Perhaps finally you'll get that Intel can have CSI all it wants, whenever it finally comes out, and it still doesn't instantly deprive AMD and partners of the years they have ahead of Intel in this field.

Again, to clarify for you; Not never catch up , Not no hope for Intel . Even when CSI debuts; Advantage AMD for having had a spec and mature platform to develop for, and many firms with shipping, installable products for, and implementations of, Hyper Transport .

You know zsdersw, you are starting to seem like an Intel Fanatic. Sigh.

By zsdersw on 3/19/2007 5:52:44 AM , Rating: 2
I'd definitely like to know how you know that Intel has no one developing for CSI who's also developing for HT.

Intel has partners developing for CSI. We haven't been told who, yet, because Intel has not talked at length about CSI. Do you honestly think Intel doesn't have its act together on this; have all the pieces in place to make CSI a success?

By Viditor on 3/19/2007 9:40:08 AM , Rating: 2
Intel has partners developing for CSI. We haven't been told who, yet, because Intel has not talked at length about CSI

The problem is that they need EVERYONE developing for CSI, not just a few partners...they should have learned this from the Itanium fiasco.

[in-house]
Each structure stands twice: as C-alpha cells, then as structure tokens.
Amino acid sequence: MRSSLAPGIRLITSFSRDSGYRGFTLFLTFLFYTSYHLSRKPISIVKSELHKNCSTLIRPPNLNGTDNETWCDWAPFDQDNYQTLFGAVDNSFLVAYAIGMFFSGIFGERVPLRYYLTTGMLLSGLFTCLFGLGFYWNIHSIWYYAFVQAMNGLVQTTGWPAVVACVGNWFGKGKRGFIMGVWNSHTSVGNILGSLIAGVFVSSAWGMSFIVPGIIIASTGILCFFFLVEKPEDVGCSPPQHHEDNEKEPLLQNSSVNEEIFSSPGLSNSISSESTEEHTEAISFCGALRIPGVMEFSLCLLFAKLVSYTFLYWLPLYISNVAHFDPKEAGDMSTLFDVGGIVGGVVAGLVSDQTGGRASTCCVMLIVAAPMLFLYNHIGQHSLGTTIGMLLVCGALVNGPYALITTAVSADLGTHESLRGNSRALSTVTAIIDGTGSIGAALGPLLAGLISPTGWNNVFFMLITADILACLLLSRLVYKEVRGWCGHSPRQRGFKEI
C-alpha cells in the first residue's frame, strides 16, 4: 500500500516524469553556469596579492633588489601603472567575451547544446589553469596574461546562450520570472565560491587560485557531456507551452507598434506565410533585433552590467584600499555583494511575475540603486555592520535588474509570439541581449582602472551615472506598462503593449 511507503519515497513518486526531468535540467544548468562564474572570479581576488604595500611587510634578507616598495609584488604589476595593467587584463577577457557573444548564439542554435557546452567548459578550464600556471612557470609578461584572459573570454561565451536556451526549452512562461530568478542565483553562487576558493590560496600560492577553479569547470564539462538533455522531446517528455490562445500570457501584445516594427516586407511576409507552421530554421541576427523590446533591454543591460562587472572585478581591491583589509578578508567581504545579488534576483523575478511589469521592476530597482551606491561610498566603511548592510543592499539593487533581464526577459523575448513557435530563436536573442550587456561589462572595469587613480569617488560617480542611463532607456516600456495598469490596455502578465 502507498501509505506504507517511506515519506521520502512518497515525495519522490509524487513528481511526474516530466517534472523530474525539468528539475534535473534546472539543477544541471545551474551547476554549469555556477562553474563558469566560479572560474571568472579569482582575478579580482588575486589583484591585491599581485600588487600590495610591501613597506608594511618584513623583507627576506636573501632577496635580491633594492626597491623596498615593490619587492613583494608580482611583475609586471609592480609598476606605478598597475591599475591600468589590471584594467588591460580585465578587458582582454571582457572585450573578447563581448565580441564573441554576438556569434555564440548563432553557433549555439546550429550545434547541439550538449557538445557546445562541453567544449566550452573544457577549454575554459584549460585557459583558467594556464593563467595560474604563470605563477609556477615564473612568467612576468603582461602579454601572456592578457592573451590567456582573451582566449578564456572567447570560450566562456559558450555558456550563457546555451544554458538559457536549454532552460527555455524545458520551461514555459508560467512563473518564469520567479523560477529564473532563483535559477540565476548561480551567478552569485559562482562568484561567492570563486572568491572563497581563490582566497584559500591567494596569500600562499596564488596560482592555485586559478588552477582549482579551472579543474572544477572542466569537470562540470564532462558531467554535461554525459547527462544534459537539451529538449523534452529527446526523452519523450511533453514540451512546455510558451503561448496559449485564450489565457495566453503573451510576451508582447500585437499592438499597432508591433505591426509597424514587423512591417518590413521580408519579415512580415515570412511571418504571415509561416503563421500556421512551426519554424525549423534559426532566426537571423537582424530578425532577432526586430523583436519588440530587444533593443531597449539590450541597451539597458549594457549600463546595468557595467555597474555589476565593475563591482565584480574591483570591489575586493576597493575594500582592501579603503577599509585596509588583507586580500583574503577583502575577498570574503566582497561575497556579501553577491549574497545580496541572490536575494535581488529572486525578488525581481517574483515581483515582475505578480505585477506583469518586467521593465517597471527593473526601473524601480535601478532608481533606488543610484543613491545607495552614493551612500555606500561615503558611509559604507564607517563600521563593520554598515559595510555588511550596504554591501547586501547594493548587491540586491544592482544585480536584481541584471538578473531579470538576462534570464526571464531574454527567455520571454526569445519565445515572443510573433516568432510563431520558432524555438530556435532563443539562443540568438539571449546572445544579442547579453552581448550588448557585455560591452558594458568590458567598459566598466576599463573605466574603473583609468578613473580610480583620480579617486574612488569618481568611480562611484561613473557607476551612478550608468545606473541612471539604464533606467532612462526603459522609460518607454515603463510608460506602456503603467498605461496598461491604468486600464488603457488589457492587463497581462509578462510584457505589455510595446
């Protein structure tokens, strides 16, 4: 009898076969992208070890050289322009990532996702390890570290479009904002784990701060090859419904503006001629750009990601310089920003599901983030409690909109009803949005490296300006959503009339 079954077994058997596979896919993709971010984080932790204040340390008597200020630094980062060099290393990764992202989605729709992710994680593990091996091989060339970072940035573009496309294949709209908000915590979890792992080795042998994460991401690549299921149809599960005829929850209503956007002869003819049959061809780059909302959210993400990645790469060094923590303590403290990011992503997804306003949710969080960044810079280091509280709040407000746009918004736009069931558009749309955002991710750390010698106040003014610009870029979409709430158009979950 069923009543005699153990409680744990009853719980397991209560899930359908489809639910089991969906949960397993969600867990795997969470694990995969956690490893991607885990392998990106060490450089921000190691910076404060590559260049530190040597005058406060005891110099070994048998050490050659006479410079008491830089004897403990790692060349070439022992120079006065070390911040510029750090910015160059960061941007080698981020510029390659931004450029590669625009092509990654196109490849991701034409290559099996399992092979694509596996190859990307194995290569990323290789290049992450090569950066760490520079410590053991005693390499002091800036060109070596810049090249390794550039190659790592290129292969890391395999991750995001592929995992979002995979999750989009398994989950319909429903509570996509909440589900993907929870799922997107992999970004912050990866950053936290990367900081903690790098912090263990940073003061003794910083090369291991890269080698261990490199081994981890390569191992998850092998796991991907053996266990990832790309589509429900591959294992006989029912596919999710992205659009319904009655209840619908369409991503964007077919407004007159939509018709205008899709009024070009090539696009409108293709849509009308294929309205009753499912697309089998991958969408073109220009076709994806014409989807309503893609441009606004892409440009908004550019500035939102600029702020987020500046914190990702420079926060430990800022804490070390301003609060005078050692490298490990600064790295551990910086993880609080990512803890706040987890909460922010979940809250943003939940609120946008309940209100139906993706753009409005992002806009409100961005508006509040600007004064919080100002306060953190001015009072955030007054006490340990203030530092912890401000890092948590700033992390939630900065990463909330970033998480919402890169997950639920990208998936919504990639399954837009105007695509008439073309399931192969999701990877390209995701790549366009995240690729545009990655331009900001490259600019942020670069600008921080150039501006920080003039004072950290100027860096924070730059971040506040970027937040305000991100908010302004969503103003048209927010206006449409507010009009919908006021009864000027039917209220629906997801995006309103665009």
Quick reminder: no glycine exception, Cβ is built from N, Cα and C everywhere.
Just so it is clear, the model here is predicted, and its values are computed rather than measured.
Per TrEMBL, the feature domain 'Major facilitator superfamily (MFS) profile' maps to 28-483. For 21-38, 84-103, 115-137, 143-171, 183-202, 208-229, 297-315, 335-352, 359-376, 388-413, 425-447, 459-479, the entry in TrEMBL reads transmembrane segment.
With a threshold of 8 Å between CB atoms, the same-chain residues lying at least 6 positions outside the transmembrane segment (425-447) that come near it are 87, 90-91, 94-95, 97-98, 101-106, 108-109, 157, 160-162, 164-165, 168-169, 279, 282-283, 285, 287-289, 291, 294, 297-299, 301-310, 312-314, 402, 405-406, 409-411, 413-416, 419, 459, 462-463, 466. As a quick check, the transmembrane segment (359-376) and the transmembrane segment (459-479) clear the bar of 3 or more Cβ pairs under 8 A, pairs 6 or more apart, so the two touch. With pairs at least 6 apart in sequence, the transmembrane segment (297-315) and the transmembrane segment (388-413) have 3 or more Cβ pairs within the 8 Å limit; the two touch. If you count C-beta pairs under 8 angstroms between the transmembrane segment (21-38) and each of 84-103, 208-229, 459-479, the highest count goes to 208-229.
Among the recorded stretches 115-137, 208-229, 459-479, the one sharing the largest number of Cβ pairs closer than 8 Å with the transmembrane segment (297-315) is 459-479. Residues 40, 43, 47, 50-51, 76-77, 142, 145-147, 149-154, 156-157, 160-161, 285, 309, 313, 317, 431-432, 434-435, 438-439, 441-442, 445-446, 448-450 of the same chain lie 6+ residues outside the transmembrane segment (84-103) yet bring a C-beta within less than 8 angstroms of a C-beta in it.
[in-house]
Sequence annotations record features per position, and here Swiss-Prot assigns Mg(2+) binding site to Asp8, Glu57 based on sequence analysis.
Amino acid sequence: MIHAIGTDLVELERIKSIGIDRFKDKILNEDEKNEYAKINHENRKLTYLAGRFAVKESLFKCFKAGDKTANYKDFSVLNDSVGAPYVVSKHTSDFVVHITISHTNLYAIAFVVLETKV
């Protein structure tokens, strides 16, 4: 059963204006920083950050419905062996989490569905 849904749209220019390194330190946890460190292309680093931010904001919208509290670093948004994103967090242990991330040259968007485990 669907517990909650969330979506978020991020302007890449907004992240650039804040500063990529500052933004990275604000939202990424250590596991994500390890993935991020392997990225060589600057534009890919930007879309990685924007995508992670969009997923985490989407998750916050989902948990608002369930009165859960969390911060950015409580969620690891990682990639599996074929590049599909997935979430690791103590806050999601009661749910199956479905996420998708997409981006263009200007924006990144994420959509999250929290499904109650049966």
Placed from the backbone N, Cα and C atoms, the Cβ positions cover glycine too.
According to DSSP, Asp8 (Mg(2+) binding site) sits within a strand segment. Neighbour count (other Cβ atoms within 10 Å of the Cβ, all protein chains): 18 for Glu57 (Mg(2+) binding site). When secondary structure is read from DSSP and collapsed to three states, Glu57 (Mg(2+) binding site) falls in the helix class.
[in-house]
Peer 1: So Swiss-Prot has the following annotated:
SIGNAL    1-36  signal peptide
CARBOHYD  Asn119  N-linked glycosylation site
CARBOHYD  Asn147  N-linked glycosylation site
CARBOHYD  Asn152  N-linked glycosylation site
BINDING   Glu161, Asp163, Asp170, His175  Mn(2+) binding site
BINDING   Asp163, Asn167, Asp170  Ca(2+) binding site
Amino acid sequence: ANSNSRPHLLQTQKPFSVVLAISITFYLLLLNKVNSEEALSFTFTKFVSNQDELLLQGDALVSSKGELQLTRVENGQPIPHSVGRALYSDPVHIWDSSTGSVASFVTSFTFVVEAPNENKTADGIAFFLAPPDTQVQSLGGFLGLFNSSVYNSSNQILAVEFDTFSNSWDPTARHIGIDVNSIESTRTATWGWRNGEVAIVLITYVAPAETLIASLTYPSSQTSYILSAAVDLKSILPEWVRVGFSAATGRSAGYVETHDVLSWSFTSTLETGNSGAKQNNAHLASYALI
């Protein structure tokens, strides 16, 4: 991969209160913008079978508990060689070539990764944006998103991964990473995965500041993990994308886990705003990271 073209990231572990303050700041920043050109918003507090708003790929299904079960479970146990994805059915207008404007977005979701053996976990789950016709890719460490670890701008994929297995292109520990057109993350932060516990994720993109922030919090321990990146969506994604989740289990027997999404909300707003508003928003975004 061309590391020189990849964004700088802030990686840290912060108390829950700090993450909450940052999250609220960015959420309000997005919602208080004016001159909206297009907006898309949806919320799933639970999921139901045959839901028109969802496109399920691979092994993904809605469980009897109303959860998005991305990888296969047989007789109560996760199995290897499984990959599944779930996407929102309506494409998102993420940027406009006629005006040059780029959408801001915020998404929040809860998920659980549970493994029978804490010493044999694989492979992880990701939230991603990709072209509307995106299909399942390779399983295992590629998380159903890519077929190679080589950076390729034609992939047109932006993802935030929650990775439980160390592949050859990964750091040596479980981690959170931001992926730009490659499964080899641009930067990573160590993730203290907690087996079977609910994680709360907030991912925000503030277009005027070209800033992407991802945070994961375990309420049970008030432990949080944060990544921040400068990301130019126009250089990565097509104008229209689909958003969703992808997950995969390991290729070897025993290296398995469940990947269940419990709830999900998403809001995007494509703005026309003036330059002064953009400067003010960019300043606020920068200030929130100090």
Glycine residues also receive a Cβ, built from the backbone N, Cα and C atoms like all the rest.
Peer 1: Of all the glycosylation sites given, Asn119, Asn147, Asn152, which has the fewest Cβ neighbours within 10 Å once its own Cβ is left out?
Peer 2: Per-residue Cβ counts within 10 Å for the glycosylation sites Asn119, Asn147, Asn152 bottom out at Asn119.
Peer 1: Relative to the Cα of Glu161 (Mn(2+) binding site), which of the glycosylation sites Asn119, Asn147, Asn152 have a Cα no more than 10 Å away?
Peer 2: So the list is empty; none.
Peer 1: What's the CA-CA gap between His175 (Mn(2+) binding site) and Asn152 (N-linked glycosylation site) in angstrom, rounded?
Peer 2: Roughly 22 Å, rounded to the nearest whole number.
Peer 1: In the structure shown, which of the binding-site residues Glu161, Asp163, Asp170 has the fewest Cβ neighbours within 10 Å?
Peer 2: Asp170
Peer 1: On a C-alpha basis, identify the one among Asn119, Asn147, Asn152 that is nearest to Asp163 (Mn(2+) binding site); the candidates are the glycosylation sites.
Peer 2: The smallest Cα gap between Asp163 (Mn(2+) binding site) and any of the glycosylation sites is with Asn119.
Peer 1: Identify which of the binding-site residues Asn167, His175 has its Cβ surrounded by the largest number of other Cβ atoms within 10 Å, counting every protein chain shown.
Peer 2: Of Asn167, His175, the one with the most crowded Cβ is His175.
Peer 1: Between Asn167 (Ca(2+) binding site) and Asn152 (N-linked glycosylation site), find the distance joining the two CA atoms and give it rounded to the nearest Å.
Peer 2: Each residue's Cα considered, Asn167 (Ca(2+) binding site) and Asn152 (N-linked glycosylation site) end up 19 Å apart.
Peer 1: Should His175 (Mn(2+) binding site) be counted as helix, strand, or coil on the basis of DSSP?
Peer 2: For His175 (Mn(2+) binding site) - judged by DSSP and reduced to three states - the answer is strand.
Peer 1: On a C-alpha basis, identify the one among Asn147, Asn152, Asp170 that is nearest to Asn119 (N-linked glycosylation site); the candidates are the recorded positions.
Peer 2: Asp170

By zsdersw on 3/19/2007 10:15:00 AM , Rating: 2
How do you know that "everyone" isn't?

By zsdersw on 3/19/2007 5:59:43 AM , Rating: 3
If responding to notoriously one-sided pro-AMD posts is Intel fanaticism to you, then by all means think whatever you want. It doesn't matter to me.

By zsdersw on 3/19/2007 2:42:58 PM , Rating: 2
if you really think he is doing biased comments, plese explain and write something more

I have.. perhaps *you* should read the entire thread.

By PrezWeezy on 4/3/2007 1:57:08 PM , Rating: 2
You do realize that the BlueGrape3 I believe it is, which was reported on here if I'm not mistaken, is supposed to be 3 times faster than the RoadRunner...and it's built on Intel 7000 and 5000 sequence processors. Hundreds of them. FSB has advantages, and I realize you didn't post it, but the IMC is simply AMD's solution. Intel will be comming out with Nahlem soon, one version will have an IMC, the other wont. At that point we can get some actual benchmarks on if it truely makes a difference or if the platform is the difference.

By Visual on 3/20/2007 5:00:30 AM , Rating: 2
you rated him down? guess what... no, no you didn't.
you commented, so you unrated him back up :p

By dicecca112 on 3/18/2007 5:12:51 PM , Rating: 2
Has nothing to do with fanboyism. Either way your post makes no sense.

I think its good idea by AMD, I'm all for greater performance in certain areas. Hell if they can come out with a product that is great in certain Distributed Computing Programs, I'd go back to them. But as long as Intel has better performance I'll stay with them

“Then they pop up and say ‘Hello, surprise! Give us your money or we will shut you down!' Screw them. Seriously, screw them. You can quote me on that.” -- Newegg Chief Legal Officer Lee Cheng referencing patent trolls